New version of RHex is worlds first parkour robot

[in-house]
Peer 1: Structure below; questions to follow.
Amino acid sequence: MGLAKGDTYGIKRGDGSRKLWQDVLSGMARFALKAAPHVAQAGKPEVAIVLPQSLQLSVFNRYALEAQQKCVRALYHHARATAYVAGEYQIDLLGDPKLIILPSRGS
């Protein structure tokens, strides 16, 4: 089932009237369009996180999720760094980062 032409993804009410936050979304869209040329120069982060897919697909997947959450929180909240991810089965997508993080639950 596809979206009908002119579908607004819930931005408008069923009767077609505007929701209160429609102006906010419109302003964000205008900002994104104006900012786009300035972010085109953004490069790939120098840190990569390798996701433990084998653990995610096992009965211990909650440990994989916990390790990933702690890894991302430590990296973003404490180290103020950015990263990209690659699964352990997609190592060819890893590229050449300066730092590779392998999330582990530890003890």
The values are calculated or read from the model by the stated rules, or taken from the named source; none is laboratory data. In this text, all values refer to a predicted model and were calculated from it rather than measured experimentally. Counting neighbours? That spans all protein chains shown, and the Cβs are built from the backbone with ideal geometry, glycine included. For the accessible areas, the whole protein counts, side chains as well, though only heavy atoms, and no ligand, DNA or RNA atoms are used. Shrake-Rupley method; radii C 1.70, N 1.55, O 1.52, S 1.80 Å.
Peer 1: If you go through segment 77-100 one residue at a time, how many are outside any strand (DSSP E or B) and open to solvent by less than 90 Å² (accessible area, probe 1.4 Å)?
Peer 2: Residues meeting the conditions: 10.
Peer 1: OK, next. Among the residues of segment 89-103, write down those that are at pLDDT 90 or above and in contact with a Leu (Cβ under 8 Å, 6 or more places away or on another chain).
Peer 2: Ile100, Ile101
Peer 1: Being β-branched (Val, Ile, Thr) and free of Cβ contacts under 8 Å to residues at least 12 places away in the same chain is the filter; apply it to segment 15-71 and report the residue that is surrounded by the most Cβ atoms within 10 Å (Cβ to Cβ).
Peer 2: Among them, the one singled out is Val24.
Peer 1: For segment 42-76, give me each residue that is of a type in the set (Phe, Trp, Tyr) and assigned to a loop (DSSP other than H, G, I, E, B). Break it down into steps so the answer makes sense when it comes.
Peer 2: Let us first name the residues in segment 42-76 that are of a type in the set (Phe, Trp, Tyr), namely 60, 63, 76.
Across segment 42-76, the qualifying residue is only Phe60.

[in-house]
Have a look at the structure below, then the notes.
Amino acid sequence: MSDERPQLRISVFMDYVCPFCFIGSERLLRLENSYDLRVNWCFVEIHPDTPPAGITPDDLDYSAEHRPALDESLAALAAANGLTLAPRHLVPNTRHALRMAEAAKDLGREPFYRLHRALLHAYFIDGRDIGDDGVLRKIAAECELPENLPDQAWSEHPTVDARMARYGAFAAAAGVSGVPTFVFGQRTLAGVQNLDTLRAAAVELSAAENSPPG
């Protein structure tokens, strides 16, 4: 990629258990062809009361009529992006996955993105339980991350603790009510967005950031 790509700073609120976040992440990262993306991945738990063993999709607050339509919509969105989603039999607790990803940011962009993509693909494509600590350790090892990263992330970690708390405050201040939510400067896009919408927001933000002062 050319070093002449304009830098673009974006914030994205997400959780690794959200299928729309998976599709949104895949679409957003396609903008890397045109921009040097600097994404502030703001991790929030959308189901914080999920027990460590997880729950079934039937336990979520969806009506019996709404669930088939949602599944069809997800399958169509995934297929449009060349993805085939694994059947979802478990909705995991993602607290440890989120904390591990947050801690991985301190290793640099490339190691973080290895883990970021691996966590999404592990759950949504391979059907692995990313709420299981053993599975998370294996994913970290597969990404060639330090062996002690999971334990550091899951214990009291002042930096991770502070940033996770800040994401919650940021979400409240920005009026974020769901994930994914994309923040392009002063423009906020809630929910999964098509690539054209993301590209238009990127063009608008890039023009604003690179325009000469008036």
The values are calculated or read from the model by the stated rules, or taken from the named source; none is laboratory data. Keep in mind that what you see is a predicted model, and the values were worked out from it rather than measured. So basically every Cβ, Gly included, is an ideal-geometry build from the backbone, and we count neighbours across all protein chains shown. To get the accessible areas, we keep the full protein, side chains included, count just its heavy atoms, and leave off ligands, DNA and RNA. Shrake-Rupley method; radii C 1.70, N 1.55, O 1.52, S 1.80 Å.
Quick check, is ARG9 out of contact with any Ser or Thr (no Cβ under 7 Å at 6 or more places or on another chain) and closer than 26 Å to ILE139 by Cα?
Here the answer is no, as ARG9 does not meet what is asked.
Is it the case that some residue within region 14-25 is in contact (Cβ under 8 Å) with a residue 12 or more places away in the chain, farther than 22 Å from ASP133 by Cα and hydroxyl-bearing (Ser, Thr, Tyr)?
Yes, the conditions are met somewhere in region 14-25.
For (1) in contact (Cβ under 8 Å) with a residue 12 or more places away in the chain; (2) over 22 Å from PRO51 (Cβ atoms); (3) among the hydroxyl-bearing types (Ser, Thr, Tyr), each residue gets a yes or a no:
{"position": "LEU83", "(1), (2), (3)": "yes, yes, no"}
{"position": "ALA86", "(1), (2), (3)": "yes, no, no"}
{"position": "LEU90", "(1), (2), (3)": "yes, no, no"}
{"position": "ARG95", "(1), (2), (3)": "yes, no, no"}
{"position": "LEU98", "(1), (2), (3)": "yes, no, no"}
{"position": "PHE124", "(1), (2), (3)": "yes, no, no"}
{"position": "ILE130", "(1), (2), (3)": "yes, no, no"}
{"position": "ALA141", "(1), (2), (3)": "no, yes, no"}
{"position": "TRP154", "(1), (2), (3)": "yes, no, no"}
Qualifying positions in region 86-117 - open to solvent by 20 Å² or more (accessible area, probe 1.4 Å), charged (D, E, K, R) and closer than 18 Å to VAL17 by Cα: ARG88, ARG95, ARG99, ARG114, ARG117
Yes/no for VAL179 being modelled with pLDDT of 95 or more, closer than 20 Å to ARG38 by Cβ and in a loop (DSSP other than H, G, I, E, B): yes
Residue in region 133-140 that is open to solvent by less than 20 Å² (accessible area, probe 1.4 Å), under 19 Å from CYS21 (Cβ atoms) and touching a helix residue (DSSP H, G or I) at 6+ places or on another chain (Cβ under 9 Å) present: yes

first_imgThe title calls it a Parkour robot, but the latest video showing off University of Pennsylvania and Boston Dynamics’ RHex has more in common with an artsy skateboarding video.Like a cinematographer setting up lavish shots of a rail grind or air trick, director Kurtis Sensenig puts the emphasis more on the visual splendor of the RHex style of movement than on its practical abilities. When the robot flips up in slow motion to grab the edge of a high wall, the video cuts away before the machine can hoist itself up to the top, as we know it can.Slow motion closeups focus on the elegance of the RHex unit as it sails through the air with its legs pulled back like a human diver. Set against trippy trance music, this video makes it easy to forget that RHex was born primarily to work toward military contracts.RHex is primarily an all-terrain robot solution. BigDog and its contemporaries are impressive enough, but their delicate stepping can be foiled by water, large obstacles, or uneven terrain. Not RHex. With a simple yet versatile mode of travel, the robot can step, jump, or climb over just about anything before it. The unit can be made to be totally amphibious, swimming while completely submerged and still ready for anything once it hits the shore.Readings from each leg are used to change movement strategy on the fly.This particular version focuses on keeping the now decade-old design simple and light — hence the parkour title. The free running aspects of its locomotion come much more easily thanks to a lower overall weight. RHex can now launch itself over gaps that are larger than the robot itself, and the carbon fiber shell can withstand the punishment of falling from even great heights.Perhaps the most impressive aspect of RHex at this point is how it can adjust its movement based on the situation. Force sensors let feedback from the legs dictate the specifics of motion — running on concrete is best achieved with forceful footfalls, but moving over pebbles or grass requires a softer approach. By adjusting the basic style of movement to everything from the contours to the materials of the ground, it can attack all-terrain problems like no other robot before it.last_img

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